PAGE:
Divers snap photo of sunken container ship off Vietnamese coast

Written by Staff Writer at CNN Alongside the danger of traveling by sea, there can be the daily risk of pollution. Trapped within currents, ships can be either reeled in or tossed around on…

Divers snap photo of sunken container ship off Vietnamese coast

Written by Staff Writer at CNN

Alongside the danger of traveling by sea, there can be the daily risk of pollution. Trapped within currents, ships can be either reeled in or tossed around on the seabed — or worse, sunk.

This is precisely what happened to a heavy cargo ship, operated by Colombian shipping company Fincantieri. The big ship was in port in Vietnam when it started running aground, during a difficult tropical cyclone. The cause of the incident is currently under investigation.

The 3,000 ton ship, owner-contracted the container operator OmniStar, collided with the reef. Its net lifted the sleeping quarters of a passing fishing vessel, before the full force of the storm claimed the ship off Vietnam’s east coast.

A photographic record

But that didn’t stop an amateur photographer from capturing a unique, underwater note in the history of the disaster. The hole caused by the accident stretches 21 meters out into the sea, and shows just how vulnerable a ship is to harm during a storm.

– Natalie Xenopoulos, Director of Communications and Brand Marketing, Oceana

There has been a history of ships caught in storms, and sinking off the coast of Vietnam since 2008, when the Hien Long sank in stormy seas. Although sinking during bad weather is rare, sunken vessels are a sign of severe storm surges and heavy coastal pollution.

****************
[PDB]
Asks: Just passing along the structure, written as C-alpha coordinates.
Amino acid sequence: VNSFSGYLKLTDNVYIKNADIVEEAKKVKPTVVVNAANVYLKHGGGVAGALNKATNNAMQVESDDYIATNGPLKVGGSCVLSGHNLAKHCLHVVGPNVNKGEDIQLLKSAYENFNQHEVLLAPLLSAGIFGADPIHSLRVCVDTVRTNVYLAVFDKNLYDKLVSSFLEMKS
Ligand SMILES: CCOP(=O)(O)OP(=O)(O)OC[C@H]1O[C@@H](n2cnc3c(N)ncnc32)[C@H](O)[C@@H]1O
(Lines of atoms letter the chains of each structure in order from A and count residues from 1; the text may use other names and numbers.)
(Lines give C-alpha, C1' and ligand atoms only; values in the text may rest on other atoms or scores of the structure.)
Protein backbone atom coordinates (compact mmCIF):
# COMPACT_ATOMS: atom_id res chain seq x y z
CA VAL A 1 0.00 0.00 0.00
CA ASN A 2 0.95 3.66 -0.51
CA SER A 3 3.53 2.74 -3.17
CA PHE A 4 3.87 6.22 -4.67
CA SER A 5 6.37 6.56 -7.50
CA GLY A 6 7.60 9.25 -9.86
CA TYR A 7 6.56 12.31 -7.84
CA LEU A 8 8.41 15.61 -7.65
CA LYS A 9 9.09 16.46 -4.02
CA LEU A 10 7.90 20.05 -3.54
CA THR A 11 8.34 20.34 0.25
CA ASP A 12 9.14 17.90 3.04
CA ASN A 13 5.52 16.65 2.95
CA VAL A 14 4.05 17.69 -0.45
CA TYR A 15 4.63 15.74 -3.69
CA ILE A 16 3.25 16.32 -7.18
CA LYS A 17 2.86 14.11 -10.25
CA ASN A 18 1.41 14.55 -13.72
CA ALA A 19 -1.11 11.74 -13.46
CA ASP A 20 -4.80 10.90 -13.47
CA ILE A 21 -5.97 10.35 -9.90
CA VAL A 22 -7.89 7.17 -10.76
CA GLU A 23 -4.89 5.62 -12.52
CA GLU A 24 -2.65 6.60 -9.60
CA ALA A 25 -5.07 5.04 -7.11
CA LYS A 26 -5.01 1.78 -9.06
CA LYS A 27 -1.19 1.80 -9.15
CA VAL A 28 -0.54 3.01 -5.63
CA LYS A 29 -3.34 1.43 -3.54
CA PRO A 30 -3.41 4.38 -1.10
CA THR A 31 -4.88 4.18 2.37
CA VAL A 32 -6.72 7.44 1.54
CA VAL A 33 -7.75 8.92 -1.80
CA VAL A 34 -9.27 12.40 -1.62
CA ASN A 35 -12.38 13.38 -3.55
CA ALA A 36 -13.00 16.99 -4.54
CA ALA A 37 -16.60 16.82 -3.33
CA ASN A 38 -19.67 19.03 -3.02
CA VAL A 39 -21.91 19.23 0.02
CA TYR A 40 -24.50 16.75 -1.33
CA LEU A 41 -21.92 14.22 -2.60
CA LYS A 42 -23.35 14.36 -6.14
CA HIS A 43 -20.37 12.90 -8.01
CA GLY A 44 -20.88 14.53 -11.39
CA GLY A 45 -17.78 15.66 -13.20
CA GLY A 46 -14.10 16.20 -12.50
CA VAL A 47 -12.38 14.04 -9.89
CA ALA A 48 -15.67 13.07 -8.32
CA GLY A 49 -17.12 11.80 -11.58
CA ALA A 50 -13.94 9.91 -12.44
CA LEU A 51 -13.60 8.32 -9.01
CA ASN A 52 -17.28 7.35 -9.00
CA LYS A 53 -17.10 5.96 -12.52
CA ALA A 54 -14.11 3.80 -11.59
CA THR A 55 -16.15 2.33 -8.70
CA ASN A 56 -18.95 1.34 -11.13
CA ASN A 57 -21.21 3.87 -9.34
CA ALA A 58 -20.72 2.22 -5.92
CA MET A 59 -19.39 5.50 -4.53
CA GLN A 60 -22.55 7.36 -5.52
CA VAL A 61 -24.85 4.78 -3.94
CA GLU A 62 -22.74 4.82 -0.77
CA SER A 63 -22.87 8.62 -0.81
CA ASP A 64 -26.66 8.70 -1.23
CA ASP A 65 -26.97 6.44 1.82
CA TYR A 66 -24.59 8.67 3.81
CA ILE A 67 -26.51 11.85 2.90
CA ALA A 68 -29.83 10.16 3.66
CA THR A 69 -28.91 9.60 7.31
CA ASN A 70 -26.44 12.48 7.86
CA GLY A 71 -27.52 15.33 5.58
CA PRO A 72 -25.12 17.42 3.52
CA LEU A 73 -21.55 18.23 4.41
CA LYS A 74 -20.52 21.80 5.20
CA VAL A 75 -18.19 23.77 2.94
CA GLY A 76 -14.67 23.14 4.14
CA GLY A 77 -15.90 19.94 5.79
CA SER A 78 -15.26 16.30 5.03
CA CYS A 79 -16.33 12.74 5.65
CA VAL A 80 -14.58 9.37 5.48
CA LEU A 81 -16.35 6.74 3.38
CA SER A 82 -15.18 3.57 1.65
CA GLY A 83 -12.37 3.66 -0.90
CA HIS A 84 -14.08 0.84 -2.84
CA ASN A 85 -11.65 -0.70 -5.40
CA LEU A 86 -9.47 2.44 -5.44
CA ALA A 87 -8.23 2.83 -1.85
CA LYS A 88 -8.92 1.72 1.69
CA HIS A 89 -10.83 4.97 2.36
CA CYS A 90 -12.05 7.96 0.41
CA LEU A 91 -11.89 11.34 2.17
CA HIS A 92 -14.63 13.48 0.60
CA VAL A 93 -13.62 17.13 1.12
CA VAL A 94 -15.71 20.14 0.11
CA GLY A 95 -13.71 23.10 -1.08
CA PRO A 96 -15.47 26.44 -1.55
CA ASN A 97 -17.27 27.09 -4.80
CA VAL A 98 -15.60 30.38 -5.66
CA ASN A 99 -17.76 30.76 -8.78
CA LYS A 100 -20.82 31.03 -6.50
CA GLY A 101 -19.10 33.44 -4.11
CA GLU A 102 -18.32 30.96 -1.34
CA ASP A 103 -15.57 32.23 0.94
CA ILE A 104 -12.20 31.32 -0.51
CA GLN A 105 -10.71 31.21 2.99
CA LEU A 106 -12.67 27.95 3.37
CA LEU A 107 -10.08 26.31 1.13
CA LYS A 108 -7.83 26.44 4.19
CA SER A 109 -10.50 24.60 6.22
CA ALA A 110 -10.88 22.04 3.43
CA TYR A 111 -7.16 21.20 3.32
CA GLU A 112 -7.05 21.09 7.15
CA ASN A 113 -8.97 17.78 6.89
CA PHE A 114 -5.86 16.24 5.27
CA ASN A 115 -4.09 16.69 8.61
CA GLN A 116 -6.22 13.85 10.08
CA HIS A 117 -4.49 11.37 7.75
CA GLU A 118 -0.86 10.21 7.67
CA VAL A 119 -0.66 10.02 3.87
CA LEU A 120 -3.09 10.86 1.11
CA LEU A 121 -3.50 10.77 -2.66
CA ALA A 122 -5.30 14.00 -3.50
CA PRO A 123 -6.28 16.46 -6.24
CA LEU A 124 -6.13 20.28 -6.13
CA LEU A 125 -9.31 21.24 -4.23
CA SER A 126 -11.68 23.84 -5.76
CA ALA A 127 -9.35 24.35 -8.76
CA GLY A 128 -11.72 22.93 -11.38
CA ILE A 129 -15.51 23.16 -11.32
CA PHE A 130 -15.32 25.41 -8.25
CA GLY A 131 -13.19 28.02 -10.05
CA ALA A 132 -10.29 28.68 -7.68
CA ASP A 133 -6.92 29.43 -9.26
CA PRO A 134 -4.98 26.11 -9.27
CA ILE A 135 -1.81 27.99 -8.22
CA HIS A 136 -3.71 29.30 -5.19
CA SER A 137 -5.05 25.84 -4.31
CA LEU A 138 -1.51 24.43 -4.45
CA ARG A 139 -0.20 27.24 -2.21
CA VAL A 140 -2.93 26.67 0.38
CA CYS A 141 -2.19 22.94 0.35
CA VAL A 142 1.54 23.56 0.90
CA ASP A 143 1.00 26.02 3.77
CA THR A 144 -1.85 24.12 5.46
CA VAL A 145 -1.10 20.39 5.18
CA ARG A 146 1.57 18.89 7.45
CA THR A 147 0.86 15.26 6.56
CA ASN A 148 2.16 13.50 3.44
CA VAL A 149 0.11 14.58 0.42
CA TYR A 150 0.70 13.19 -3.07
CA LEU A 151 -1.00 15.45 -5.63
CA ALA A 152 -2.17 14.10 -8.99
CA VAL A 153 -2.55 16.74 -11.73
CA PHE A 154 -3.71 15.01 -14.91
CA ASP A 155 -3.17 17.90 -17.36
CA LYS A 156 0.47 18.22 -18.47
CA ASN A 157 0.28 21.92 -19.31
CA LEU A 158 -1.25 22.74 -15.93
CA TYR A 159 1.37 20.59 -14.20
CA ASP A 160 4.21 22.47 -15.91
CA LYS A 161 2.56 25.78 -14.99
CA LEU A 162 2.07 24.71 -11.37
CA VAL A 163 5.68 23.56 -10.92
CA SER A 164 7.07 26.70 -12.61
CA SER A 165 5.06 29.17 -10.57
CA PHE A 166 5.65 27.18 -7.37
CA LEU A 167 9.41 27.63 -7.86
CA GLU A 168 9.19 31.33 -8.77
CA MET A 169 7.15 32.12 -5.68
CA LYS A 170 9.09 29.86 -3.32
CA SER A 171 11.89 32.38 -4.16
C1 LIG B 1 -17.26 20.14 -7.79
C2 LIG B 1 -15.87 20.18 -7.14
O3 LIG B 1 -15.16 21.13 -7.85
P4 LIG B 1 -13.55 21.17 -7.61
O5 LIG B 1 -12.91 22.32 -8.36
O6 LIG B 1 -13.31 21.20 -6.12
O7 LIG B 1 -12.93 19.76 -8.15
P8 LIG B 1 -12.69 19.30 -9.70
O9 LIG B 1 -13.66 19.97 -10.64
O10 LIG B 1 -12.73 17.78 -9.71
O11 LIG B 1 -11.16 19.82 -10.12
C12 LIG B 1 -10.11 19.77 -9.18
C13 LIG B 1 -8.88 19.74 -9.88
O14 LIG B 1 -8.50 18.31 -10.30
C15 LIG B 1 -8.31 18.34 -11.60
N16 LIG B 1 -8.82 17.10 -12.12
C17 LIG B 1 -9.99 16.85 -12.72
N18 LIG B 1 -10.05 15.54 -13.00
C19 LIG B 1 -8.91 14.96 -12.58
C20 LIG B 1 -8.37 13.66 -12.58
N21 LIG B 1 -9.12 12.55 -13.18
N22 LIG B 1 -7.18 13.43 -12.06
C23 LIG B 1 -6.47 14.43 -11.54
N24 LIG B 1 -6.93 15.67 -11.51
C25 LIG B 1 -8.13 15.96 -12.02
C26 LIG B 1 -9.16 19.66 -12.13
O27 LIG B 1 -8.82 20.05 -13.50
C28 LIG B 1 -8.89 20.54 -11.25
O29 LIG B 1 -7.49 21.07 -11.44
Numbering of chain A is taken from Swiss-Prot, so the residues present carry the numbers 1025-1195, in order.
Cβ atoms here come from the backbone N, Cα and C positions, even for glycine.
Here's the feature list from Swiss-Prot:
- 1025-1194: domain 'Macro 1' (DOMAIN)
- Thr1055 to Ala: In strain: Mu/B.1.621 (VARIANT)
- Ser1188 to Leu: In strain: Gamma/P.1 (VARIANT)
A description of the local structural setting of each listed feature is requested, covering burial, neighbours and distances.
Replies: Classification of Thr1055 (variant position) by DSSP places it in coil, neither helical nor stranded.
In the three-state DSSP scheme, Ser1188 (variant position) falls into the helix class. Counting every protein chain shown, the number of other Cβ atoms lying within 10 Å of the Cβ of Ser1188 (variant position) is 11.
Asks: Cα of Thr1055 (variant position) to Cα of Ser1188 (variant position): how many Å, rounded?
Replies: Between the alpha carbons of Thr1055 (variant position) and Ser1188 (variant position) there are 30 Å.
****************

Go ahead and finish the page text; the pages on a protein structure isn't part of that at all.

“We’ve spent the last 15 years trying to reduce and stop shipping pollution along the coast, and aren’t there are many other solutions out there?” says Xenopoulos. “So let’s focus on those solutions, rather than going and throwing ships into these small holes.”

– Michele Ohayon, Environment Specialist, Oceana

Earlier this year, Oslo-based NGO Oceana put the spotlight on the Gulf of Nicoya, where an average of 46 ships a year have gone down since 2012, every year.

According to Xenopoulos, the true risk to ships in the waves is that they can become entangled and drift along the coast, leaving a pollution trail in their wake.

“There are many alternatives to just throwing them into the water with a very small hole in the hull,” she says. “But until more of them are floating on the seafloor, there’s really no way to have an effective agreement for the cleanup.”

– Alexis Miranda, Greenpeace Southeast Asia

“We’re hoping that as the oil industry becomes more aware of the pollution that it’s causing, that they’ll take some more responsibility for it.”

According to Ohayon, the only solution is to invest in ship-shape vessels which stay in ports as long as possible, minimising their vulnerability during storms.

– Reuters

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